The report, out Friday from news non-profit ProPublica, focuses on YieldStar, a piece of software the property management company says on its website is geared toward “optimizing rent pricing.”

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A new report suggests that an algorithm from software giant RealPage may be playing a role in driving up rents across the U.S., and that what’s going on may ultimately amount to anti-competitive practices.

The report, out Friday from news non-profit ProPublica, focuses on YieldStar, a piece of software that the company says on its website is geared toward “optimizing rent pricing.” Among other things, the company says YieldStar lets property managers “price each unit daily by reviewing all property, market and concession data to set the best rent to help stabilize occupancy and maintain profitability.” Another part of RealPage’s website states that YieldStar “can help you outperform the market 3 percent to 7 percent.”

The ProPublica report cites such statements as evidence that “by RealPage’s own admission, its algorithm is helping drive rents higher.” The report goes on to note that managers appear to be using the software to enact rent hikes that they might not otherwise have attempted, and points out that the software is widely used across a multitude of rentals. Greystar, for example, is the largest property management firm in the U.S. and uses YieldStar on tens of thousands of units.

The end result of this situation, according to the report, is that the historical practice of negotiating for rent has been “upended,” managers are sometimes encouraged to leave units empty, and some experts wonder if “RealPage has birthed a new kind of cartel that allows the nation’s largest landlords to indirectly coordinate pricing, potentially in violation of federal law.”

Inman reached out to RealPage Monday, and in a statement the company replied that the ProPublica report is “misleading and inaccurate, and we disagree with its conclusions.” The statement also argued that “neither RealPage nor any housing providers can move markets up or down.”

“Revenue management solutions can only recommend rental prices within the range that the economic forces of supply and demand at a particular property allow, and apartment providers (whether using revenue management software or pricing manually) will set rents in accordance with those economic forces,” the statement continued. “RealPage Revenue Management primarily weighs supply and demand dynamics within the individual property and does not consider or have visibility into competitor availability. Ultimately, an apartment provider will blend their own expertise and empathy with the math and science of the tool to execute the property’s unique strategy.”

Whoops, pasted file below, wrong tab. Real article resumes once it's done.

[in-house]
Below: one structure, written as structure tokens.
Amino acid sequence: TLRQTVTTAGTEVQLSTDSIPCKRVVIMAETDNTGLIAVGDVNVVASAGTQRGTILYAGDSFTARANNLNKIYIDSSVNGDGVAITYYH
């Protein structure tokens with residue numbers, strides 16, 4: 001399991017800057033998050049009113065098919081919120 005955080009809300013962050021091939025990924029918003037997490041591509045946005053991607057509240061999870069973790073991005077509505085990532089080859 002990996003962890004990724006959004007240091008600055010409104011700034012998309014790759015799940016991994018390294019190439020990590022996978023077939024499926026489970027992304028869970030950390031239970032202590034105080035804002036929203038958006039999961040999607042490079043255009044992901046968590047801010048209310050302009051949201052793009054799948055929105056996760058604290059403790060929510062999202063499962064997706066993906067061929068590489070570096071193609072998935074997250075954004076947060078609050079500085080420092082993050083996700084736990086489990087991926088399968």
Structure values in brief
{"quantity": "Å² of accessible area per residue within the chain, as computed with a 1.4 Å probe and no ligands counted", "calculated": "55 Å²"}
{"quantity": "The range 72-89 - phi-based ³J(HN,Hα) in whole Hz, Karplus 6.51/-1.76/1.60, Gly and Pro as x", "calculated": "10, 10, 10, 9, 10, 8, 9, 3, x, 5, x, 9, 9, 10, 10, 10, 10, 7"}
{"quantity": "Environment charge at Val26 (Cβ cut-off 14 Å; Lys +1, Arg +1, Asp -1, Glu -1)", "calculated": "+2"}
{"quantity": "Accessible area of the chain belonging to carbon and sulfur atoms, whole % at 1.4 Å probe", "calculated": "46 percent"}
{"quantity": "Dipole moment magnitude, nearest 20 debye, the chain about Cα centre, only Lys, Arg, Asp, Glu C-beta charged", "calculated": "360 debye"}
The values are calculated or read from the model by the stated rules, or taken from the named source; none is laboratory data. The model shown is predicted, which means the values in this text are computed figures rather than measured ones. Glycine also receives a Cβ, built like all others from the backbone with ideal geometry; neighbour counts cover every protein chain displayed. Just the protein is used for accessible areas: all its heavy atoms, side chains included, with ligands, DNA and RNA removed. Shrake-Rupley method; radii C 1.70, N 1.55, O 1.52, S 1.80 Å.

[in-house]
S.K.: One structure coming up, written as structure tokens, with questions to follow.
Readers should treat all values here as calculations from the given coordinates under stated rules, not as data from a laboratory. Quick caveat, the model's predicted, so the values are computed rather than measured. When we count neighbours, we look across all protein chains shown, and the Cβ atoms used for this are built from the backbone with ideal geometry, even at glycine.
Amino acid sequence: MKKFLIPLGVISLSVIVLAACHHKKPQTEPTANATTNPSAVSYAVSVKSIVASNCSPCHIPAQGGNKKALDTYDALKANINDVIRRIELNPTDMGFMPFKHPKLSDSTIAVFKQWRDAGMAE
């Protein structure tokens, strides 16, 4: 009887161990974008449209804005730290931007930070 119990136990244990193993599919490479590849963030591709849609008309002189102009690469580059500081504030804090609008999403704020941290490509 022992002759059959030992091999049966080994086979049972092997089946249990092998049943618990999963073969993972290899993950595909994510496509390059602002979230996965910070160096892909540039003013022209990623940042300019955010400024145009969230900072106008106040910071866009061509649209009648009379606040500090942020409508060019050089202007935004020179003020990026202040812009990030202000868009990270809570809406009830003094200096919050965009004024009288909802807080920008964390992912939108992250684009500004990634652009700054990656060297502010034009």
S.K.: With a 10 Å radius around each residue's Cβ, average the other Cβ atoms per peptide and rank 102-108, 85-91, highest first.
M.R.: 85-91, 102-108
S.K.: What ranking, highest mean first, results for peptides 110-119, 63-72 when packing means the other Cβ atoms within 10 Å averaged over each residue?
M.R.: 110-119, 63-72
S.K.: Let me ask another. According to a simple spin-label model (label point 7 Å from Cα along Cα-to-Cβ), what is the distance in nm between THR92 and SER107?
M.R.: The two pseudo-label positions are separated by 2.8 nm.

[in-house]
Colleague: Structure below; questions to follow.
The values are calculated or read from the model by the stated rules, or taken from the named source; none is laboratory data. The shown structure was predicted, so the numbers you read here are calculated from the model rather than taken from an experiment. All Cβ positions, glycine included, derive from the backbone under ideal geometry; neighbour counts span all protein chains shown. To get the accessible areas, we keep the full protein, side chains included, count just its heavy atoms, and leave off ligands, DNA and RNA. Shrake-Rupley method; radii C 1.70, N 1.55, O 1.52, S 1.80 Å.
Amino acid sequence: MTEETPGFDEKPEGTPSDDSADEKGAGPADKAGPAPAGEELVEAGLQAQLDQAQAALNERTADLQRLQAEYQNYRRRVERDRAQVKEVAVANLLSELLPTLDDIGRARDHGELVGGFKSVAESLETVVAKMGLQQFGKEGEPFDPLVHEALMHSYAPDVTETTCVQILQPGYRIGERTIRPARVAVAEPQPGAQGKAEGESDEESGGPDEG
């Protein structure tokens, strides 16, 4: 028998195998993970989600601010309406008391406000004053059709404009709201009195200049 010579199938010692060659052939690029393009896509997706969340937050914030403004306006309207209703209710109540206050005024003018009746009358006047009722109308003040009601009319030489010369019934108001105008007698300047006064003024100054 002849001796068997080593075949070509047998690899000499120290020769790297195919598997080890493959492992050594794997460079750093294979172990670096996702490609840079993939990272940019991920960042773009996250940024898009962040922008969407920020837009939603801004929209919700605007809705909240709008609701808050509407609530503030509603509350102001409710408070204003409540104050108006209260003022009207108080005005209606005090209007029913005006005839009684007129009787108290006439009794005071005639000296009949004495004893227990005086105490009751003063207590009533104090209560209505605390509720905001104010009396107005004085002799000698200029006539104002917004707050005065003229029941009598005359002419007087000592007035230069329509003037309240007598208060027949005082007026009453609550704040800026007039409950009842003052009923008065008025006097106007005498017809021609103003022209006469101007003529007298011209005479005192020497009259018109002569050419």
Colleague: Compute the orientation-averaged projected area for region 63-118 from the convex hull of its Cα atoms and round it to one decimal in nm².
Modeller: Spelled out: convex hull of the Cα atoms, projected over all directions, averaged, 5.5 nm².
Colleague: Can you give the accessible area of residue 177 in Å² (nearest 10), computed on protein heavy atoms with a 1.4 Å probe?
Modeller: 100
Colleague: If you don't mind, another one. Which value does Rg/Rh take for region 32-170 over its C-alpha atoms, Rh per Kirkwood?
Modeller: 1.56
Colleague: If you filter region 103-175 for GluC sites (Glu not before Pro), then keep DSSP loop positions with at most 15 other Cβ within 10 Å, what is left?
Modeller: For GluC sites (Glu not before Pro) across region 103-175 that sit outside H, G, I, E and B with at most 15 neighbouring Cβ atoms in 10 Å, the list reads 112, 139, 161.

Still, the report prompted a number of angry responses online. A number of people on Twitter cited the report as evidence that landlords are “greedy,” that it’s “time for a revolution,” and that “we are doomed.” Though there were a handful of responses suggesting that an algorithmic take on property valuation has been growing for some time, the most common reaction to the report was one of angst and frustration over the cost of housing.

Many commenters also highlighted a quote from the ProPublica report in which the RealPage developer who oversaw YieldStar’s creation said “there’s way too much empathy going on here,” while referencing the way management companies used to set rents. Capturing a common response, one commenter described the remark as “truly gross.”

The developer who make the remark is named Jeffrey Roper. He’s former airline executive who helped digitize that industry, and who in the early 2000s noticed that property managers were “basically pricing their product on a paper napkin,” according to ProPublica. Roper joined RealPage in 2004 and eventually built a data warehouse to crunch vast amounts of digital information.